By comparison, let’s look at the organisational changes that may be required in a very large but slow-moving organisation, HSBC.
HSBC was run in a historically devolved way, as seemed appropriate for a geographically widely spread bank with its origins in colonial corresponding banking relationships.
Sir William (“Willie”) Purves, ruled the bank as CEO in the early 1990s, with a canny Scot’s eye for detail. An acquaintance of the author, who was working in the bank’s venture capital arm, was once berated by Purves, in a furious personal phone call for making a poor investment which had lost £5m of “his” money.
In 1993, John Bond, as he was then, took over leadership of HSBC. Sir John Bond’s approach was rather different. He led HSBC on a big expansion drive which included buying the US credit card and sub-prime mortgage lender Household International for $14bn in 2002 (even after questions were raised about its allegedly dubious lending practices). In 1999, he had also previously bought the New York private banking business of Edmund Safra, which included a Swiss banking arm.
This meant that, without organisational change, the huge expansion would have left the newly acquired banks with a much greater degree of freedom and much less detailed supervision than might otherwise have been expected. But the organisational approach didn’t change, and managements of these new acquisitions appear to have been left with a great degree of autonomy, despite the great increase in size and complexity of the bank.
When the financial crash came in 2008, all the potential problems lurking in Household came to the surface and HSBC was faced with huge write-offs and fines for the wrong-doings of its acquired business in the US.
It was also hit by failings in its US compliance department when it had to pay huge fines for money laundering in its Mexican operation, after it transpired that they had been providing these services to customers who turned out to be local gangsters.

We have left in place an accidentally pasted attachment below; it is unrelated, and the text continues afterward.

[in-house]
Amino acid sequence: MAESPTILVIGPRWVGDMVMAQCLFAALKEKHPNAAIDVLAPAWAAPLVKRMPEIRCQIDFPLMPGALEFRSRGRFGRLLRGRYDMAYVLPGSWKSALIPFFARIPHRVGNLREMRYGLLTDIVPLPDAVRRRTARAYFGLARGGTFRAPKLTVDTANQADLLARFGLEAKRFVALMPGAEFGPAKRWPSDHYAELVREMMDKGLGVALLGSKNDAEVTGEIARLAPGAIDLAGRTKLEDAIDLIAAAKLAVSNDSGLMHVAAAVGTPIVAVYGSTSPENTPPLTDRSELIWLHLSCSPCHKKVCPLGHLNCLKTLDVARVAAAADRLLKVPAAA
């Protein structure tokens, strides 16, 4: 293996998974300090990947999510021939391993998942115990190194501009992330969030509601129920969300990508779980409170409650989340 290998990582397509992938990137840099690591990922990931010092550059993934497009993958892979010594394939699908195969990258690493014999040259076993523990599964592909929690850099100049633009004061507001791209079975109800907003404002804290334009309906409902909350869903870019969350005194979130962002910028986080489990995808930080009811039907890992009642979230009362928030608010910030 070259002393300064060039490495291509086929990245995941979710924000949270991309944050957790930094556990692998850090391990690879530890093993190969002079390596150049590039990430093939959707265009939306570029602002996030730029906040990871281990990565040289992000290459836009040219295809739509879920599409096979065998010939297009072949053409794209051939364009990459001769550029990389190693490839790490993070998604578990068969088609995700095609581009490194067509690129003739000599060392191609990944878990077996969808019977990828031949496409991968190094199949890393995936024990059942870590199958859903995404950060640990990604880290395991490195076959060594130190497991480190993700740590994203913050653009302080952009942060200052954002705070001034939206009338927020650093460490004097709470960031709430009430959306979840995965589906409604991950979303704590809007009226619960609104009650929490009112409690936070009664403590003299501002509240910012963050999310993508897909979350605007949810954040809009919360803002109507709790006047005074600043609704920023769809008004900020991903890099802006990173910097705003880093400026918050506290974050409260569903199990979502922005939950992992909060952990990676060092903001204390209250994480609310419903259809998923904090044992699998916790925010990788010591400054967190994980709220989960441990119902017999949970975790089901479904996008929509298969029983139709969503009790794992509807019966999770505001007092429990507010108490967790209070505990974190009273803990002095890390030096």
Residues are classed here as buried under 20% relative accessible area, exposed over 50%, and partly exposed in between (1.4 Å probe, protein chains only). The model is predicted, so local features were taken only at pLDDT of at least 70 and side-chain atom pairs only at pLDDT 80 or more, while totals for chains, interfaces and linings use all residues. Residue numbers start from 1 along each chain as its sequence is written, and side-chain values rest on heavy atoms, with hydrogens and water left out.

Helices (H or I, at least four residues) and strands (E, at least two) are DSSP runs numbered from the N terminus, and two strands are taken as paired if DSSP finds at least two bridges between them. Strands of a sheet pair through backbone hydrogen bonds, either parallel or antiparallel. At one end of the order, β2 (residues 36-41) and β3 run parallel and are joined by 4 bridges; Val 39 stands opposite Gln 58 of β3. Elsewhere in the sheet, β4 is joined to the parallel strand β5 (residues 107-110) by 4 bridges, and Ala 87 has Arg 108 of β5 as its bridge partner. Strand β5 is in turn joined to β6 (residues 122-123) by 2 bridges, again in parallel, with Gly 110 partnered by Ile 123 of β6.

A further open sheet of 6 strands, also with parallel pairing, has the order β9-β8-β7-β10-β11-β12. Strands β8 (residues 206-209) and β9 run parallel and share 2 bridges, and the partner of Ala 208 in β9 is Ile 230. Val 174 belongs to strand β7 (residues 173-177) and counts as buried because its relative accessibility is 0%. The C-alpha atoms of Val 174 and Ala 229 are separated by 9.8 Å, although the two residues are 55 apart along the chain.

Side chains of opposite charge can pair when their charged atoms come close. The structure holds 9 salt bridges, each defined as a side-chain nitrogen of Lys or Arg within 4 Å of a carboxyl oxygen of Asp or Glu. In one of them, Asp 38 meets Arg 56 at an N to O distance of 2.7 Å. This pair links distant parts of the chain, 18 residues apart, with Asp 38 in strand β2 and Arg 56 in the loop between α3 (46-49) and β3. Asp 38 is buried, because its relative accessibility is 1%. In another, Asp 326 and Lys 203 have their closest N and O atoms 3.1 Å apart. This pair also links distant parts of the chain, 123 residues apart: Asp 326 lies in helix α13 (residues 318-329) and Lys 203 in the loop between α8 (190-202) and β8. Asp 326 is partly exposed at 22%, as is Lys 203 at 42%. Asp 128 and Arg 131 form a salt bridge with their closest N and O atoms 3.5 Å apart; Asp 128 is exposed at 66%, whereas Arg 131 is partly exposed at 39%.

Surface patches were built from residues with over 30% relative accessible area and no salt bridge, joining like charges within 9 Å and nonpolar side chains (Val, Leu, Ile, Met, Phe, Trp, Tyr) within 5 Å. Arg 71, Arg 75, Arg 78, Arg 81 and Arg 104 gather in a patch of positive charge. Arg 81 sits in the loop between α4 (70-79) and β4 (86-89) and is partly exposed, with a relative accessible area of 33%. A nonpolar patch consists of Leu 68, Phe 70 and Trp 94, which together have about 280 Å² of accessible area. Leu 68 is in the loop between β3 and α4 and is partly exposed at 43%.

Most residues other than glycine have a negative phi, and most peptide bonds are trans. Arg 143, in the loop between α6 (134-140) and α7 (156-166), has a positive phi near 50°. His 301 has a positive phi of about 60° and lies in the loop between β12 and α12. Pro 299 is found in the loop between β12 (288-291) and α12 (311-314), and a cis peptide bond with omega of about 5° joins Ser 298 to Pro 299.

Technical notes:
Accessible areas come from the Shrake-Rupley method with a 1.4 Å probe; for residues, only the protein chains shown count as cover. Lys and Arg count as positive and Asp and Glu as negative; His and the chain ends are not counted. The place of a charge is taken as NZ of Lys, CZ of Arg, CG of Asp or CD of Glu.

Most recently, following the attempt by an ex-employee of HSBC to sell customer records stolen from its Swiss bank, the outcome has been a world-wide crack-down on tax evasion and aggressive tax avoidance schemes, and widespread criticism of HSBC for allowing these things to go on in its banking business.
When its chief executive, Stuart Gulliver, was hauled before the UK Treasury Committee to account for the bank’s behaviour, he asked “How can I know what every one of 257,000 people is doing? Clearly I can’t.” This remark, while attracting some sympathy, also provoked scorn. Prof. Henry Mintzberg was quoted as saying that “You can’t excuse (scandals) by saying that you have so many employees. You…have to be on the ground to have a sense of what your organisation is all about”. This recalls our remark, above, about “Willie” Purves, Gulliver’s predecessor but four as CEO, twenty years earlier. He was hands-on, he had his ear to the ground, and everyone knew it.
Clearly HSBC’s organisational style of devolved responsibilities has been proved most inadequate to the grand strategy of global expansion, to the point where questions are raised as to whether HSBC has simply got too big to manage and ought to be broken up.
The same questions have, of course, been raised about the other large banks following the 2008 financial crisis. Unfortunately, the rescue of some of the failed banks has resulted in fewer, larger organisations, rather than the smaller, simpler ones that are being called for. Indeed, the massive new regulatory wave that is spreading round the globe will arguably require possibly still larger organisations to support the vastly increased compliance functions which will be required to serve the gargantuan demands of the regulatory agencies. To fulfil the expectations of improved corporate governance in this new global world will require some very imaginative organisational thinking.